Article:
And how can the Lowell House survive modern scrutiny? What of then-Harvard President Abbott Lawrence Lowell’s “Secret Court,” which in 1920 prosecuted students suspected of being gay, banished them not only from campus but also from the city of Cambridge and hounded some of them for years? What of Lowell’s efforts to impose a quota on the number of Jewish students? And wasn’t the family’s wealth derived from mills that relied on slave-picked cotton?
Or Eliot House? Harvard’s president Charles W. Eliot may have helped catapult Harvard into the first ranks, but he was also a segregationist. And Stoughton Hall, named for a judge of the Salem witch trials? And . . . And . . .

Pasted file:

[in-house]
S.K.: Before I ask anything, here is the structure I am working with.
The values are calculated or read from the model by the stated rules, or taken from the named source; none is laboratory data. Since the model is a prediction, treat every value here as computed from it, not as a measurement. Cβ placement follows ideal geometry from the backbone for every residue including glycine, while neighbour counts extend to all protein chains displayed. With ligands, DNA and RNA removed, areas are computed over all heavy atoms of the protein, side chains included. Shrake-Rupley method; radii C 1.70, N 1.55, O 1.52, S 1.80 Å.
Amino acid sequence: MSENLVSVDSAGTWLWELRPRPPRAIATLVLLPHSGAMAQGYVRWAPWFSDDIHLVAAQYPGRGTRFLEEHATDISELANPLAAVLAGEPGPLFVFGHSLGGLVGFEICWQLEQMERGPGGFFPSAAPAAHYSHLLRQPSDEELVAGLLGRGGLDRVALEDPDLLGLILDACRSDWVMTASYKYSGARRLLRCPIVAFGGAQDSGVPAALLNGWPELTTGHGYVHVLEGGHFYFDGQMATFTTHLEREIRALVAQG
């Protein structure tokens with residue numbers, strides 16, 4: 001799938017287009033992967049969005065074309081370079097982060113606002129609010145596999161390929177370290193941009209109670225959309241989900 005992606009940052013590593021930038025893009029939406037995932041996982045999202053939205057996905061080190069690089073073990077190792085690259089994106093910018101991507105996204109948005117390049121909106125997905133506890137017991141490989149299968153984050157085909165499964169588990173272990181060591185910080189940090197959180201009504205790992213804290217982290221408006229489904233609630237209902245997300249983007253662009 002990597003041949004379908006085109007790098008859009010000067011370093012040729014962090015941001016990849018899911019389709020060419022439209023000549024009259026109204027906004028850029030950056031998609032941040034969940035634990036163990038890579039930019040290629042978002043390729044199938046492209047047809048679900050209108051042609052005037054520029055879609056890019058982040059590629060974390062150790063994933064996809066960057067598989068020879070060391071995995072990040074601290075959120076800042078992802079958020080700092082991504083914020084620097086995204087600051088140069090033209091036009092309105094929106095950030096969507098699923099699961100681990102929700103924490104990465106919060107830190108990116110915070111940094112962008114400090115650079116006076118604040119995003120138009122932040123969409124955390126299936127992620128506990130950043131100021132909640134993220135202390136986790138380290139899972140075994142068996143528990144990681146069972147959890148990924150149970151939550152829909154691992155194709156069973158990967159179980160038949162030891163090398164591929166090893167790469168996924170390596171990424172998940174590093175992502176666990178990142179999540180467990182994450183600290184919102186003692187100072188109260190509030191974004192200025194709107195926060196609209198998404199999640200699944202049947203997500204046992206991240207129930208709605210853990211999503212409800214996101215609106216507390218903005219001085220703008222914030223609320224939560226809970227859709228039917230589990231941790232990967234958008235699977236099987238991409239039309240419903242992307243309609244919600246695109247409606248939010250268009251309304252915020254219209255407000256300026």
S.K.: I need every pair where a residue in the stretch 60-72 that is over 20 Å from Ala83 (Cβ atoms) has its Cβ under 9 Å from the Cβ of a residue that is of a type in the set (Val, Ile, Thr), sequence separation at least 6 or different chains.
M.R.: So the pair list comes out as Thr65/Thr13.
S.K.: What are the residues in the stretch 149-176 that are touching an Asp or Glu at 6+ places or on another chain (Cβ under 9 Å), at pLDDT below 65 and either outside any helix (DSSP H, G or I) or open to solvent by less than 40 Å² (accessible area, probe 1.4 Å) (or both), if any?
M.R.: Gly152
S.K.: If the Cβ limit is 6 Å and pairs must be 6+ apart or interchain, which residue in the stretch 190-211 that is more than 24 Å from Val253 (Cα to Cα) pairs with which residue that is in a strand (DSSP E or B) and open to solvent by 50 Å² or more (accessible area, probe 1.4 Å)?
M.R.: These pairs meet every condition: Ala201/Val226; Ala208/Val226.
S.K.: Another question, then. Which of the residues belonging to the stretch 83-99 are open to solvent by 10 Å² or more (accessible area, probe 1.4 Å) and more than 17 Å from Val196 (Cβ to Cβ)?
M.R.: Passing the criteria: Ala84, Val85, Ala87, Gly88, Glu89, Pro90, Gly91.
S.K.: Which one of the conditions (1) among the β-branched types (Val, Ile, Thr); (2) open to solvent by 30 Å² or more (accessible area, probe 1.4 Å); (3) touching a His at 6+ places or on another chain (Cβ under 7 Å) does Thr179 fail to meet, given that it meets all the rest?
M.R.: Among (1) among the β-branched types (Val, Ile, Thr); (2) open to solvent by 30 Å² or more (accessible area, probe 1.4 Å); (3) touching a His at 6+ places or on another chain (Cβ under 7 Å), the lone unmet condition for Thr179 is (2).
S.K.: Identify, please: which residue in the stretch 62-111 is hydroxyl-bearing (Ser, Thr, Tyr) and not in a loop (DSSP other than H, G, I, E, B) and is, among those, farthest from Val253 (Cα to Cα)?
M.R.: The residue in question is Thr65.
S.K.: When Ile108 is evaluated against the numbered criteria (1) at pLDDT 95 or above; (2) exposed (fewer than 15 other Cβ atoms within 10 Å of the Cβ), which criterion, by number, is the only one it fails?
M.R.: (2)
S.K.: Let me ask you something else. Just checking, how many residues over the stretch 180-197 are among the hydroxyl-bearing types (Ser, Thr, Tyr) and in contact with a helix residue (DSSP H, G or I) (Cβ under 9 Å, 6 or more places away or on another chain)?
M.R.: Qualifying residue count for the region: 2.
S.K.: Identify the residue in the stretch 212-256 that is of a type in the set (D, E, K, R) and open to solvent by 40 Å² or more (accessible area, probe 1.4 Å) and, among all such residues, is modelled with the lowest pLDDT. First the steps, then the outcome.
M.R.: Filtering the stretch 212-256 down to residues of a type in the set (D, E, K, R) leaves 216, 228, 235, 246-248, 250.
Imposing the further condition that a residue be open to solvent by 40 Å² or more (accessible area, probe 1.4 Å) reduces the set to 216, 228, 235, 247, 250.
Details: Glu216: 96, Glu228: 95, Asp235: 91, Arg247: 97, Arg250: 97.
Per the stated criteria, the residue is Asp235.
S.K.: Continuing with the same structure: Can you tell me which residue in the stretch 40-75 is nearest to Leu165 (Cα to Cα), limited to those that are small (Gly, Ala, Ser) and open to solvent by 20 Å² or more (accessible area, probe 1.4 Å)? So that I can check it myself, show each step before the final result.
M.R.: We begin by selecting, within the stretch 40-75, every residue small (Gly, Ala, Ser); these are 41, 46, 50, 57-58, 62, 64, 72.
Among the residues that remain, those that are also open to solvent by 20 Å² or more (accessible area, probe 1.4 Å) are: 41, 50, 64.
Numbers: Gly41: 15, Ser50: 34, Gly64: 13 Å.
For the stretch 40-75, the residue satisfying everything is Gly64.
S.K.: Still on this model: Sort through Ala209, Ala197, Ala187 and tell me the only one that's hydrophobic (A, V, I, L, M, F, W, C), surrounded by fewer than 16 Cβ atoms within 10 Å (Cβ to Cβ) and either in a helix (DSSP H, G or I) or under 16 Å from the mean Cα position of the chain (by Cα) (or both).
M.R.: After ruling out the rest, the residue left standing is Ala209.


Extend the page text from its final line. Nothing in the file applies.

There is no end to Harvard’s offenders — or Yale’s or Princeton’s or, for that matter, most American institutions with a history. Few entities can withstand the scrutiny of the modern conscience, and physically disassembling the artifacts of the past, attacking its symbols and its ghosts, is a fool’s errand — no matter how lofty the cause. It illuminates little and is a feel-good distraction that comes at the expense of today’s very real crises. And picking and choosing which ancient offenses warrant purging creates the danger of prioritizing one historically disadvantaged group over another, inadvertently importing into our own age the very toxins of bigotry that activists now seek to condemn.
We can endlessly denounce the long-departed and disavow the already-discredited, but to what end? What we should do instead is devote ourselves to living our lives in a way that allows our descendants to take pride in the history we leave behind.